The ‘virtual kidnapping’ scam that has duped more than 1,500 victims in Spain

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Investigators in Spain have traced the threatening phone calls to jailed criminals in South America

A ‘virtual kidnapping’ scam that’s claimed at least 1,500 victims in Spain has been traced to a group of jailed criminals in South America.

The scam consisted of calling people and saying that their loved ones had been kidnapped, after this they very angrily demanded thousands in ransom money to guarantee the release of the “hostages”.

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In one case, a 69-year-old woman who lives in Madrid received a phone call from a man with a foreign-sounding accent who told her that her daughter had been kidnapped.

Either you pay €10,000 or we’ll send you a video of us cutting off one of your daughter’s fingers,” she was told.

This is the latest known case of a type of an extortion scheme in which criminals call a person – often randomly selected – and try to convince him or her that they have kidnapped a relative. They start out by demanding €10,000, then typically bring this amount down significantly, sometimes to €500.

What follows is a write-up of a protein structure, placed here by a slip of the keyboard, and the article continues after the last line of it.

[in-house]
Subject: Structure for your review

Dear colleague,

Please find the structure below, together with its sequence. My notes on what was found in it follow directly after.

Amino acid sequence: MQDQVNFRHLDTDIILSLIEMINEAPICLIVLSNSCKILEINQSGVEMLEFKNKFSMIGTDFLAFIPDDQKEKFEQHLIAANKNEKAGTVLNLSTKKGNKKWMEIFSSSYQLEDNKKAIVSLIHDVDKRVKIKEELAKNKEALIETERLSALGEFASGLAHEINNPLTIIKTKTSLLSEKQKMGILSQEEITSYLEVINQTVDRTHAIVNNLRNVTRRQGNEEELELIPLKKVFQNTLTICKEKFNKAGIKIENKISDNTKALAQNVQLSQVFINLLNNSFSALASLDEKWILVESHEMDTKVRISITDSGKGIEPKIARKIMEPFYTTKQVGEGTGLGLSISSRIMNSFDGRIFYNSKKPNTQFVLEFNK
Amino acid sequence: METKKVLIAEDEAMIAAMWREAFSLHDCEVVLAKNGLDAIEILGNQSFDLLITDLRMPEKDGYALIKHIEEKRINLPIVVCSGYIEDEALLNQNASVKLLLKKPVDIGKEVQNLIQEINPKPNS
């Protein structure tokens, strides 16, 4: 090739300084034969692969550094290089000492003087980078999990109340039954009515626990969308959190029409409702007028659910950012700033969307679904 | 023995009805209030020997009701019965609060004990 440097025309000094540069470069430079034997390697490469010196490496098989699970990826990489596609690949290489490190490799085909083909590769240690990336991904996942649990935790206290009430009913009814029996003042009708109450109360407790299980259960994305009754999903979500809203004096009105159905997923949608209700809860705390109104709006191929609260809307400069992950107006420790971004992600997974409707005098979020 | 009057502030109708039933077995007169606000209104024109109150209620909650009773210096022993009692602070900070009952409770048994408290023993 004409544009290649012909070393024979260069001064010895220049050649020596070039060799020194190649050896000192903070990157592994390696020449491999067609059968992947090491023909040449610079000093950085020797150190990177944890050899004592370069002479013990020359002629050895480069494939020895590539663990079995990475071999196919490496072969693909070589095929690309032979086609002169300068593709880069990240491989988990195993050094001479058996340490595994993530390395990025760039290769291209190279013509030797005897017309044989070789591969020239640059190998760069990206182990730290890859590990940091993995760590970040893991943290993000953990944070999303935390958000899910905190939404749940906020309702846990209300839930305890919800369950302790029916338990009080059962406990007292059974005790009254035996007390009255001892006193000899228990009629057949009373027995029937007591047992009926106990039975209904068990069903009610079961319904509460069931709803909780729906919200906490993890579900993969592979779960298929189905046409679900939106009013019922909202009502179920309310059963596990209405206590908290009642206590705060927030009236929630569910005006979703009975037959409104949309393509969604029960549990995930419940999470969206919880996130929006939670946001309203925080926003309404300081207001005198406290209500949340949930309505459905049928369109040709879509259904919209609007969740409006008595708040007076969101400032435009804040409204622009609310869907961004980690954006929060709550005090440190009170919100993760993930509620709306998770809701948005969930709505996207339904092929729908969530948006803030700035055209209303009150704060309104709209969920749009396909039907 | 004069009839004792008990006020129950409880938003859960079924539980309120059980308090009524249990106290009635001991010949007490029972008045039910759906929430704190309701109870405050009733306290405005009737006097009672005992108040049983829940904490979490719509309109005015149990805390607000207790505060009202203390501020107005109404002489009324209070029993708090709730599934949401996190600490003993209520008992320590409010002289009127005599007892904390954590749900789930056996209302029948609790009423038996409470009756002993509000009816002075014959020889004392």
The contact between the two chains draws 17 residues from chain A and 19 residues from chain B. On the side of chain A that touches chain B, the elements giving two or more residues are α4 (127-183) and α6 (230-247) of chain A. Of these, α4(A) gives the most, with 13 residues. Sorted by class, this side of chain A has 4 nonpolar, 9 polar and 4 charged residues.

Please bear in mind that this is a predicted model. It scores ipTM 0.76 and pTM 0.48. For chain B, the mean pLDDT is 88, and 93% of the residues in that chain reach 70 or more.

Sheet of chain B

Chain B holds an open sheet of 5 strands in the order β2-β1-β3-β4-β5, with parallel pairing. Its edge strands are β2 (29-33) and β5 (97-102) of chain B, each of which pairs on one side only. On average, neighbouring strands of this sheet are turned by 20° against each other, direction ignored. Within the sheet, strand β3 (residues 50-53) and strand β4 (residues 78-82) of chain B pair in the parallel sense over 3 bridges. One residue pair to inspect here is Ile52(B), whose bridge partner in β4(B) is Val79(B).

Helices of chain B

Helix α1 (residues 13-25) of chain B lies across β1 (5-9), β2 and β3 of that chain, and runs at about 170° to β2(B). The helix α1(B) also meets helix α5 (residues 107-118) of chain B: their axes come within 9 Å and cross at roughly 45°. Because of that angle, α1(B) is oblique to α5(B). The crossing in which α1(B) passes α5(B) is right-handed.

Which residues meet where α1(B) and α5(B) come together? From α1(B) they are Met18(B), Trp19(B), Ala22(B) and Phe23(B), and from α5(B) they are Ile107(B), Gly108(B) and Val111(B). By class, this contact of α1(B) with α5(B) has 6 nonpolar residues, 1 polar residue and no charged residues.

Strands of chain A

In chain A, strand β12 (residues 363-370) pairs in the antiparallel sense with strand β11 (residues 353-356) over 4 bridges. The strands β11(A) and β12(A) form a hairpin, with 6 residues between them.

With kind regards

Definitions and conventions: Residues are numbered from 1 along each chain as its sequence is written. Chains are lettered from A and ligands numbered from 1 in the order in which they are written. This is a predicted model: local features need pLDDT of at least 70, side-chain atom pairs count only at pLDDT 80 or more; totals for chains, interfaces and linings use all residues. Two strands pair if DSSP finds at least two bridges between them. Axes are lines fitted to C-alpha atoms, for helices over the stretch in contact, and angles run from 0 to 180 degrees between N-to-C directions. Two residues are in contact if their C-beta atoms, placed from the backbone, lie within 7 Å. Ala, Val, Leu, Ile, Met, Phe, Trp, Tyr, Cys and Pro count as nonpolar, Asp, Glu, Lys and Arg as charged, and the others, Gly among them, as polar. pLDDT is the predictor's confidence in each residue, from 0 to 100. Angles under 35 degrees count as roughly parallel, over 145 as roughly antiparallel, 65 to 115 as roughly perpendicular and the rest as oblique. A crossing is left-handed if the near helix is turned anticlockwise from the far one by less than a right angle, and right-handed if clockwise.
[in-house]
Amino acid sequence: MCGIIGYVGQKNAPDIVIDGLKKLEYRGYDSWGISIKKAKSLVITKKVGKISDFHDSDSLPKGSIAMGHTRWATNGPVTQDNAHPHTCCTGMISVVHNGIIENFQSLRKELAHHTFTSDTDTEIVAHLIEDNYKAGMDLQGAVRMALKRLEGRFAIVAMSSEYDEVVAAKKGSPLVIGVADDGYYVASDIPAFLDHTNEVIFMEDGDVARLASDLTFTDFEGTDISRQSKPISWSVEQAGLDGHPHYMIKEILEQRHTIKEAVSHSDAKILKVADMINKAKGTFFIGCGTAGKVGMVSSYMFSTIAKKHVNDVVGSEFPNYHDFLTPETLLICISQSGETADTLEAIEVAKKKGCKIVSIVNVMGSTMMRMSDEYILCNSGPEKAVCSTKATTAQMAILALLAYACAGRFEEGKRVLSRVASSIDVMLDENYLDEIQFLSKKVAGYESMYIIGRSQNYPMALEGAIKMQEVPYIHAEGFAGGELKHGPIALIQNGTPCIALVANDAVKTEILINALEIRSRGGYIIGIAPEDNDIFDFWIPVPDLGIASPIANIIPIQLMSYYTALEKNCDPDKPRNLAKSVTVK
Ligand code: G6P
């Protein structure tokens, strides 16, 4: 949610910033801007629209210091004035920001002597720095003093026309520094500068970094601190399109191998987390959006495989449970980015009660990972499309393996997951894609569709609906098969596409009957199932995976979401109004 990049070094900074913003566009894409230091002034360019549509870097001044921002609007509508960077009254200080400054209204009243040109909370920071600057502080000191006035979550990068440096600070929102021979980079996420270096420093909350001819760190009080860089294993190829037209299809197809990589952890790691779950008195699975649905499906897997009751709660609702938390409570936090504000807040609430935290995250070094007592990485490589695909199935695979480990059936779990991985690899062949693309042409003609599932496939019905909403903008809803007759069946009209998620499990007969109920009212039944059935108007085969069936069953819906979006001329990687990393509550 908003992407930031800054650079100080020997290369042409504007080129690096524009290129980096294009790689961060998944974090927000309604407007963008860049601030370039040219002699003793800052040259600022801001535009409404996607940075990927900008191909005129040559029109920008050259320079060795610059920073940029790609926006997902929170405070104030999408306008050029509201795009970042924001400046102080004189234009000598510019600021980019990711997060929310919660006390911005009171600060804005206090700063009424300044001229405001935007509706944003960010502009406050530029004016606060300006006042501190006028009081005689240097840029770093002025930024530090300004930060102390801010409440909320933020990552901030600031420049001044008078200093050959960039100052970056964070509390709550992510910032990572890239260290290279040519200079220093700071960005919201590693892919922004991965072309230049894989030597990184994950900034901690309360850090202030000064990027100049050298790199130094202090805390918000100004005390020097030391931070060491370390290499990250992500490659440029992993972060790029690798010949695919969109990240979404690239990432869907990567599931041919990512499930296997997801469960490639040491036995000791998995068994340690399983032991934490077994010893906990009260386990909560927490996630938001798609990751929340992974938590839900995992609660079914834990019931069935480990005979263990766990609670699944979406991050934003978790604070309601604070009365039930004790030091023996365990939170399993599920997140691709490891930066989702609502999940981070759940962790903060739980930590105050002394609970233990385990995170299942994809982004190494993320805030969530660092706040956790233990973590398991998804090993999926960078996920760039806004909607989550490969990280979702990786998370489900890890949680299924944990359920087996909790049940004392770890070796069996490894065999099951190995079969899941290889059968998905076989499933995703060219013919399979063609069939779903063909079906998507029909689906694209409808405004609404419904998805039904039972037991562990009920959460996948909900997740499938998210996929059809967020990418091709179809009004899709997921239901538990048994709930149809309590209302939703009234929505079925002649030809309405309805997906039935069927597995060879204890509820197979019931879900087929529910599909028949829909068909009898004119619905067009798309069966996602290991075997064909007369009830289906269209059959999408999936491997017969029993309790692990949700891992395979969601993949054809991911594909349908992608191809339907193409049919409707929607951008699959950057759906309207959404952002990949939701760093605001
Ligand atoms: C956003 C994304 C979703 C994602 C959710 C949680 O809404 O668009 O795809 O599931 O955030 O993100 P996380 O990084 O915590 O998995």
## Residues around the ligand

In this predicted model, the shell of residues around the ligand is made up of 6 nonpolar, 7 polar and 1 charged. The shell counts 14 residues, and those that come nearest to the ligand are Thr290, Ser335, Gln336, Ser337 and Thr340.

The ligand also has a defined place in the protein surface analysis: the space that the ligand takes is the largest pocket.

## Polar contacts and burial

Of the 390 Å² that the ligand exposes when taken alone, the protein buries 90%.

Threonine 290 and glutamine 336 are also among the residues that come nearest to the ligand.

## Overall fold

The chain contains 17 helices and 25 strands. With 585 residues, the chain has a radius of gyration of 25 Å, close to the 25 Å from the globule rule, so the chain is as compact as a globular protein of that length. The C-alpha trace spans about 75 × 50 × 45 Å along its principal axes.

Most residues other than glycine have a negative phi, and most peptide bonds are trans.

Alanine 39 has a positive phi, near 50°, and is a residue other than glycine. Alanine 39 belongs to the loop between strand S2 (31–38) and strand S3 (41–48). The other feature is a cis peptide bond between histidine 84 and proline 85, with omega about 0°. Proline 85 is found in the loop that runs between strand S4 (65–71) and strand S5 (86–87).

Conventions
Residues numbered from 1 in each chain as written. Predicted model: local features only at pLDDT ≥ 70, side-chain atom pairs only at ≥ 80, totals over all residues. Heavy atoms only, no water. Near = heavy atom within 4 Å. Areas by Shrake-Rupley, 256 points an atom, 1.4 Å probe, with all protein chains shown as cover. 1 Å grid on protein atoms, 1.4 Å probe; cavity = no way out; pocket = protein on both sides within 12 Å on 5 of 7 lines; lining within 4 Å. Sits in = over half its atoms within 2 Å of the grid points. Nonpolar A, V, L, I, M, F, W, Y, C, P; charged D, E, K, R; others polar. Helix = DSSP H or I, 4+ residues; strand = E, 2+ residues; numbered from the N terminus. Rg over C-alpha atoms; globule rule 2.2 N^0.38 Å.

In the last five years, Spain has seen 1,474 reported cases of this type of fraud, according to figures released by the Interior Ministry. Half of them took place in 2016, with as many as four a day during the month of July.

The number of reported cases has dropped significantly since then, with 104 recorded in 2018. Last year there was a slight pick-up with 136 reported cases, according to a government reply to a question by a lawmaker from the Basque party EH Bildu. In this period of time, law enforcement agencies have arrested or investigated 17 individuals.


But Chief Inspector Juan Alcolea, of the National Police’s kidnappings and extortion department, notes that this is a type of crime where many cases go unreported. “Many people who don’t pay also don’t file a police report,” he notes.

Alcolea points to another difficulty when it comes to making arrests. “In the vast majority of cases, the perpetrators are not in Spain but in South America, more specifically in Chile.”

It is in everyone’s interest to report incidents like this and may help in the future to break up a ring of scammers like this.




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